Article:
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If your cat has ever nibbled away on the fresh grass outside, or if you’ve seen the grass you can grow in the pet store to feed your cat, you may have wondered: Is this healthy for her?
As it turns out, cat grass is a great addition to your cat’s diet, and it provides many nutritional benefits. Although cats are carnivores by nature, they do also crave plants. Growing cat grass in your home is a great solution.
“Cat grass is a natural source of fiber,” explains Natalie Douranos, marketing communications manager of Cat & Dog, Rolf C. Hagen Inc. “It aids digestion and prevents hairball build-up. It brings the nutritious benefits of the outdoors indoors, but without the pesticides, insecticides and fertilizers that can be found on lawns and outdoor plants. “
If you’d like to consider growing some inside for your cat, there are different seed mixtures to pick from. Douranos recommends a product called Catit Senses Grass Garden Kit. “This product uses a mixture of wheat and barley, so that it’s easy to grow and ensures the grass grows in a very erect position, which appeals to the cats since they want something to chew on,” she said. “In addition, the structure of this type of grass prevents the cats from eating the vermiculite underneath.” This type of seed also prolongs the growing period, so that all of the grass doesn’t germinate at the same time.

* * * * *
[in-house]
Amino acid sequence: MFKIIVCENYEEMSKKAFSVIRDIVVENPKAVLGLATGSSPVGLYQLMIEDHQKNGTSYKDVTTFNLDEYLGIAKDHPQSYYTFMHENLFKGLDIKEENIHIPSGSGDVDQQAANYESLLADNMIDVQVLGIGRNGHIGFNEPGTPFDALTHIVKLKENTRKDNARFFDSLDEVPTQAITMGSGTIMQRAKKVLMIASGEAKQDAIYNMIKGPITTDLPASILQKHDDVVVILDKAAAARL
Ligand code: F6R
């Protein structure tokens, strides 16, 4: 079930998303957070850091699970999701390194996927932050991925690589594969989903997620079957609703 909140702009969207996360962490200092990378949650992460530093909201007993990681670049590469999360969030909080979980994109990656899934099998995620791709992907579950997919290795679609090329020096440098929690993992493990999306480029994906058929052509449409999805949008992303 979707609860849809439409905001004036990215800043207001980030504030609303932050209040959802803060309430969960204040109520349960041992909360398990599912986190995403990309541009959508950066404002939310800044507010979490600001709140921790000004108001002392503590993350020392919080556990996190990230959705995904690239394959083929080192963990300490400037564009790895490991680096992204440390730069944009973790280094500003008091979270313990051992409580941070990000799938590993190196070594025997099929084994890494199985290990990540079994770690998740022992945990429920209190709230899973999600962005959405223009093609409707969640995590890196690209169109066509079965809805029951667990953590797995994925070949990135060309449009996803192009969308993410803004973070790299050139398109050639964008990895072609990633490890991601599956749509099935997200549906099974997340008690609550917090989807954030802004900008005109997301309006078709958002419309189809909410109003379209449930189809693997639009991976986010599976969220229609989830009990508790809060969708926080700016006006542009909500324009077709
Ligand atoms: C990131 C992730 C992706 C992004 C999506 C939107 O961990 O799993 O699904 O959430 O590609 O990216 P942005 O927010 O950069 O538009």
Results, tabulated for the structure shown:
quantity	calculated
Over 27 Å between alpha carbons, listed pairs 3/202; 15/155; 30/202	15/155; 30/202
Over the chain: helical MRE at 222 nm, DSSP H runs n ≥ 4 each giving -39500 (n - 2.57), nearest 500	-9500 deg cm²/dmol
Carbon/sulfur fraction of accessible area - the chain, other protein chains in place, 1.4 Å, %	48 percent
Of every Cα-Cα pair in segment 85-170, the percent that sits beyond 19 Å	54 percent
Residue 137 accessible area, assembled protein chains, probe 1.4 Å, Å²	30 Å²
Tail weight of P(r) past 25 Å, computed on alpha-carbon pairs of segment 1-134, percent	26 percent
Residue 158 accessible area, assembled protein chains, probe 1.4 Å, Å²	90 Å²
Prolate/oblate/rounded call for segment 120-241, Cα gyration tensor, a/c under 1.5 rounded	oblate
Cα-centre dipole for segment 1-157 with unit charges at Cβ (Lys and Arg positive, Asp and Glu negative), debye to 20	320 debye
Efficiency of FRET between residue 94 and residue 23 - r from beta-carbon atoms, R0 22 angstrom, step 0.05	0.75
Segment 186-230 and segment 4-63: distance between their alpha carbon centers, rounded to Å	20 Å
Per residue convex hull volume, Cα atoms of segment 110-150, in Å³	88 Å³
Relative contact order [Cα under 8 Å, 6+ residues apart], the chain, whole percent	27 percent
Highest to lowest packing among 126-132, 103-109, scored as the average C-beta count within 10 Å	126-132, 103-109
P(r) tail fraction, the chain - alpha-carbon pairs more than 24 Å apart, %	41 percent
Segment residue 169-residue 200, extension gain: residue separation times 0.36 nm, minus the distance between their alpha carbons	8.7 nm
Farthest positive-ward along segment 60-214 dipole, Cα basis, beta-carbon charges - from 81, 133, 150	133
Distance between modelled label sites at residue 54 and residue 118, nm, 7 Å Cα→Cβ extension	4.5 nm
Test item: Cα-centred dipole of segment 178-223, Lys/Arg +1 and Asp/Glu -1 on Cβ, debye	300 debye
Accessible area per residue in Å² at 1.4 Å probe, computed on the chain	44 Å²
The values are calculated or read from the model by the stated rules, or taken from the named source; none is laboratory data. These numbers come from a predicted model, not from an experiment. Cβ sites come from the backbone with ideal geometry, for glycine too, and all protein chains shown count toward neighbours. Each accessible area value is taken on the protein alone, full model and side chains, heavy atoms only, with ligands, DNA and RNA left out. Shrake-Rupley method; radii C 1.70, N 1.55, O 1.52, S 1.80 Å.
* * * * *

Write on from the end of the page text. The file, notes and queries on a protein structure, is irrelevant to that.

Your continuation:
When it comes to outdoor grass, you’ll want to be on the lookout for hazards such as pesticides and fertilizers. Outdoor grass may not be as effective, and could even cause your cat to become ill. The cat grass found in kits is, according to Douranos, most effective, and the greenest alternative. Your cat will appreciate the addition of a taste of the outdoors inside your home.Keep in mind that it’s also important to monitor your cat’s consumption of the grass. If she is eating too much, she may get diarrhea from all of the fiber. If this happens, remove her access to grass until her tummy gets back to normal and she can happily enjoy the grassy treat again.
Stacey Brecher is a freelance writer. She has contributed to Animal Fair magazine, and her blogs have previously appeared on The Dog Daily.
Cats reach full skeletal development when they are this old: